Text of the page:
Roman Space Telescope at the 243rd AAS Meeting

January 7-11, 2024 (New Orleans, LA)

Town Hall: Nancy Grace Roman Town Hall

  • Nancy Grace Roman Town Hall
    (Thursday, January 11, 12:45–1:45 p.m. CT)

    The Nancy Grace Roman Space Telescope is a NASA flagship mission planned for launch no later than May 2027. The Roman Space Telescope will perform breakthrough science in dark energy cosmology, exoplanet microlensing, and NIR sky surveys with its Wide Field Instrument. Roman will also feature the Coronagraph Instrument (CGI), a technology demonstration that will directly image and take spectra of exoplanetary systems using several novel technologies together for the first time in space. This session will cover the status of the project and upcoming opportunities for community involvement in planning and executing the science and technology demonstration aspects of Roman.

Oral Splinter Sessions

  • Building the Roman Supernova Pipeline
    (Monday, January 8, 9:30–11:30 a.m. CT)

    The Nancy Grace Roman Space Telescope will be conducting a major space base extra galactic time domain survey. The influx of data will require new data analysis techniques. Come to this first community input session hosted by the Roman SN Project Infrastructure Team (PIT). Learn about what this PIT is planning, how you can get involved and let your feature requests be heard. We will discuss simulations, calibration, photometry, spectroscopy and supernova cosmology pipelines.

  • Maximizing the Science of Roman with Simulations
    (Tuesday, January 9, 2:00–3:30 p.m. CT)

    With a Wide Field Imager (WFI) delivering Hubble-like resolution over roughly 100 times the instantaneous area, and an observatory designed to enable large-area surveys nearly three orders of magnitude faster than HST, the Nancy Grace Roman Space Telescope will produce expansive surveys that transform our understanding of dark energy, dark matter, galaxies, and exoplanets. In order to help plan for and take full advantage of the Roman surveys, as well as test data reduction and analysis algorithms currently being developed, it is essential to create detailed simulated Roman photometric, morphological and spectroscopic datasets. The start of the community process of defining Roman's Core Community Surveys, preparations for launch in late 2026 and the expected release of the first public data in early 2027 make this a timely topic for discussion. This session will bring together observers and theorists to discuss and plan for simulations to maximize the scientific return from Roman’s Core Community and General Astrophysics surveys.

  • A Discussion of Science Drivers for Defining Roman's Core Community Surveys
    (Wednesday, January 10, 9:00-11:30 a.m. CT)

    The Nancy Grace Roman Space Telescope's Wide Field Instrument (WFI) will have a large field of view (0.28 sq deg), Hubble-like sensitivity and resolution, and highly efficient survey operations. Roman's WFI observing program will include both Core Community Surveys and General Astrophysics surveys, defined by a combination of a community-led process and traditional peer-reviewed calls for proposals. The Core Community Surveys will include a High Latitude Wide Area survey, a High Latitude Time Domain survey, and a Galactic Bulge Time Domain survey. In addition to addressing Roman's science requirements related to cosmology and exoplanet demographics, the science community has described an exciting range of science investigations that can be undertaken with data from these surveys, given appropriate observational strategies ( The community-led effort to define Roman's Core Community Surveys is now underway, with the formation of the committees charged with defining the Core Community Surveys and their review of the science community's initial input. The purpose of this session is to provide attendees with an opportunity to engage with the definition committees for each survey on the prioritization of science drivers for survey definition and the identification of the most promising scientific synergies amongst the various science drivers. The session will include an introduction to each of the Core Community Survey definition committees and an overview of each committee's progress and plans, with the majority of the time reserved for discussion and community input. Approximately one-third of the time will be dedicated to each Core Community Survey. A detailed schedule for the Splinter Meeting will be available at the STScI, IPAC, and NASA booths.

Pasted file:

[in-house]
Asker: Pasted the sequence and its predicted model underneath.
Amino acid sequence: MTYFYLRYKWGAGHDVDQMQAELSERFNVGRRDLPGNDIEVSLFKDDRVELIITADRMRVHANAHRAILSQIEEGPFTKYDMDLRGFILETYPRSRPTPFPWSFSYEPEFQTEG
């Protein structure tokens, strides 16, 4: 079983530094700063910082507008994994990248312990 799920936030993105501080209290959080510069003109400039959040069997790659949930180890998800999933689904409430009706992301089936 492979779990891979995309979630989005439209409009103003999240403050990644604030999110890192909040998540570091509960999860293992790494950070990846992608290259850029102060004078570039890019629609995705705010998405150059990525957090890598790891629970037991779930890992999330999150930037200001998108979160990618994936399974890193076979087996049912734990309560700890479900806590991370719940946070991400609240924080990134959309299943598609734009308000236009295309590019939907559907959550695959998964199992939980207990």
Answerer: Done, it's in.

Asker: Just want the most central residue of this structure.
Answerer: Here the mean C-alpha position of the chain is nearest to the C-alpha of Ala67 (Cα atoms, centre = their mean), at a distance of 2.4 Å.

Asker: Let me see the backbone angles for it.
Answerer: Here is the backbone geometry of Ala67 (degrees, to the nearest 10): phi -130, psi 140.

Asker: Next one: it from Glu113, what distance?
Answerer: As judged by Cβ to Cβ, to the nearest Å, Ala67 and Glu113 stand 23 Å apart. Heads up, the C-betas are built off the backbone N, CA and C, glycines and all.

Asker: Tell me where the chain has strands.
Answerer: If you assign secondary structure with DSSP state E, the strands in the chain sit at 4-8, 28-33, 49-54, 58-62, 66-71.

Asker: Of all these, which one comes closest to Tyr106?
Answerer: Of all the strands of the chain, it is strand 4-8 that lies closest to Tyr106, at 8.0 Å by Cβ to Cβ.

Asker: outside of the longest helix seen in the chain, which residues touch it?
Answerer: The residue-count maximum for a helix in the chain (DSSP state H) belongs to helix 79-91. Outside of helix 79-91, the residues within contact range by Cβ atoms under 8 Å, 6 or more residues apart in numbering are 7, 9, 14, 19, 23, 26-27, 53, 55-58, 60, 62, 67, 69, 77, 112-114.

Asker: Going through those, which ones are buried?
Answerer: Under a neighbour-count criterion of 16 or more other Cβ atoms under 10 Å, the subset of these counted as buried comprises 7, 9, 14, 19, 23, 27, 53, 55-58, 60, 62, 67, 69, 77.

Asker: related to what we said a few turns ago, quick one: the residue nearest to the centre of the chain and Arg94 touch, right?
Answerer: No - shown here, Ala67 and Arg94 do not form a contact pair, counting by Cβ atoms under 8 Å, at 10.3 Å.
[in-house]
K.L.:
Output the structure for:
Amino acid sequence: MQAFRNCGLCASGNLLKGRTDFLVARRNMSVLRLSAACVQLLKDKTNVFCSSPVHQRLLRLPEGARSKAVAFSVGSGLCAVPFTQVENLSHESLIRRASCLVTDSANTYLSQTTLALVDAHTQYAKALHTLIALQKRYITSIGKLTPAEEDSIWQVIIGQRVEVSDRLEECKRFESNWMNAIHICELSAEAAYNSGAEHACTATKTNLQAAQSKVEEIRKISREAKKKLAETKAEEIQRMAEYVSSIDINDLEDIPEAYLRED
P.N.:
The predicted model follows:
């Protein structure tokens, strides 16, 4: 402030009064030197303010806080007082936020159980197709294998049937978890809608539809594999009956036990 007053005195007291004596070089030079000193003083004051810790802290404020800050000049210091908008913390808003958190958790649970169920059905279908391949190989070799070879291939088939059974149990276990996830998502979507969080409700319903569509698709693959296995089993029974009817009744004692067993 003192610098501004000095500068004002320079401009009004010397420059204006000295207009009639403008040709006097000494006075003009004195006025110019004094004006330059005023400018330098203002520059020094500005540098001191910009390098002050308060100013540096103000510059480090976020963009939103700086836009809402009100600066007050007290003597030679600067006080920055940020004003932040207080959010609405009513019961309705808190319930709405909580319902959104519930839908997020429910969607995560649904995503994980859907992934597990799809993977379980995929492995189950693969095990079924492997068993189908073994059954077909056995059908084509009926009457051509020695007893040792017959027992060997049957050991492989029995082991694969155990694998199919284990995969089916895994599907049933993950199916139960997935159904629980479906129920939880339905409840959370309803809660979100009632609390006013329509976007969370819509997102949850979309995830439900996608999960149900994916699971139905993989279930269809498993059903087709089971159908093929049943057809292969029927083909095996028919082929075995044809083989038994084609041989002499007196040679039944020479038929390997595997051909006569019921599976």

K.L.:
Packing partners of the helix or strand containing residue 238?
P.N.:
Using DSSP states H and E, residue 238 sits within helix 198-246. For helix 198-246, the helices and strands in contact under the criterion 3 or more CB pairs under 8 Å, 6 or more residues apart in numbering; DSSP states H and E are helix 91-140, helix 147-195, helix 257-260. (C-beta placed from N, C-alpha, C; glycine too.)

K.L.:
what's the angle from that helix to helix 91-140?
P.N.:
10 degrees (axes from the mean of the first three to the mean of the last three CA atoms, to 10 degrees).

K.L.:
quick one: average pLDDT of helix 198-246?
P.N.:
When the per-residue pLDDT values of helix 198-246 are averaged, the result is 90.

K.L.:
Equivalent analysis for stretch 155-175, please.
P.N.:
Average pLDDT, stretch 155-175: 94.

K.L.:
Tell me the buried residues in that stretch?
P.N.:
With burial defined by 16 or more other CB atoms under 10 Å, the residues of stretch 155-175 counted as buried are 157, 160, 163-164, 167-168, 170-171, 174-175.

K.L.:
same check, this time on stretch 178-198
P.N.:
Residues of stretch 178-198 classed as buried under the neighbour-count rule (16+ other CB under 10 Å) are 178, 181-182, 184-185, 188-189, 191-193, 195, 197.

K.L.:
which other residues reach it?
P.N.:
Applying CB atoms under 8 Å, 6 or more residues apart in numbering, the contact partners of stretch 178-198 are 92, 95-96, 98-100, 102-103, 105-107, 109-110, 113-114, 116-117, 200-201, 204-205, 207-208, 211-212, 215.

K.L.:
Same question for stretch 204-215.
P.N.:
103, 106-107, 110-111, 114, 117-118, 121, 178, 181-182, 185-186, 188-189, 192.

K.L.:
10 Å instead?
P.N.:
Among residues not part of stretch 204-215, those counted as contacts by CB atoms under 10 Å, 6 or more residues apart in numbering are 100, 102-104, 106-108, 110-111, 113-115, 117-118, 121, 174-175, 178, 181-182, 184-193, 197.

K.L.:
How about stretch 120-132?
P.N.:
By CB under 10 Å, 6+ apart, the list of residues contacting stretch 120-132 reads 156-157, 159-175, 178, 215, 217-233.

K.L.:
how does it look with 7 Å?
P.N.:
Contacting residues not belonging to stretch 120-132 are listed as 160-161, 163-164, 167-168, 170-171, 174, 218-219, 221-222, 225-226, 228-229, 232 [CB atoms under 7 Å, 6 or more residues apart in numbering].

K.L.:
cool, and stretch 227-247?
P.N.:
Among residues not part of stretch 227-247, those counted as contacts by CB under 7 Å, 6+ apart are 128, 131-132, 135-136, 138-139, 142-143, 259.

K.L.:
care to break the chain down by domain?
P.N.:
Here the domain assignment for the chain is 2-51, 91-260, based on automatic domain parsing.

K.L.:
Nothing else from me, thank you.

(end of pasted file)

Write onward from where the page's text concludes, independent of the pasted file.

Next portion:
Oral Special Sessions

  • The Future of Galactic Plane Science with the Roman Space Telescope
    (Tuesday, January 9, 2:00–3:30 p.m. CT)

    Set to launch in late 2026, the Roman Space Telescope is designed to open entirely new doors in the fields of cosmology and exoplanet demographics as part of its planned Core Community Surveys. However, the combination of Roman’s astrometric precision, survey sensitivity, and mapping speed also make it ideally suited for surveying broad swaths of the Milky Way’s disk. Uniformly surveying the Galactic plane and bulge with Roman would significantly expand its scientific impact in the fields of stellar populations, star formation, the interstellar medium, and Galactic structure and dynamics, among many others. Roman holds the potential to image tens of billions of stars in heavily dust-enshrouded regions across the Milky Way, enabling dramatic Galactic science with even a single epoch. With multiple epochs, Roman can obtain proper motions, complementing Gaia in heavily-obscured and/or confused regions and acting as a precursor for a potential near-infrared Gaia mission. In this special session, we will bring together the community interested in General Observer investigations of the Milky Way plane with Roman to highlight the broad range of Galactic science cases and outline the survey design factors (coverage, filters, epochs) necessary to achieve them. Attendees will gain an understanding of i) current efforts to design and implement a Galactic plane survey with Roman, ii) the synergies between Roman and complementary photometric, astrometric, and spectroscopic surveys of the plane on the horizon, and iii) ways to be involved in community-driven efforts for organizing a Roman Galactic plane survey. In addition to a series of short talks by subject matter experts, the session will include a thirty minute panel discussion with attendees.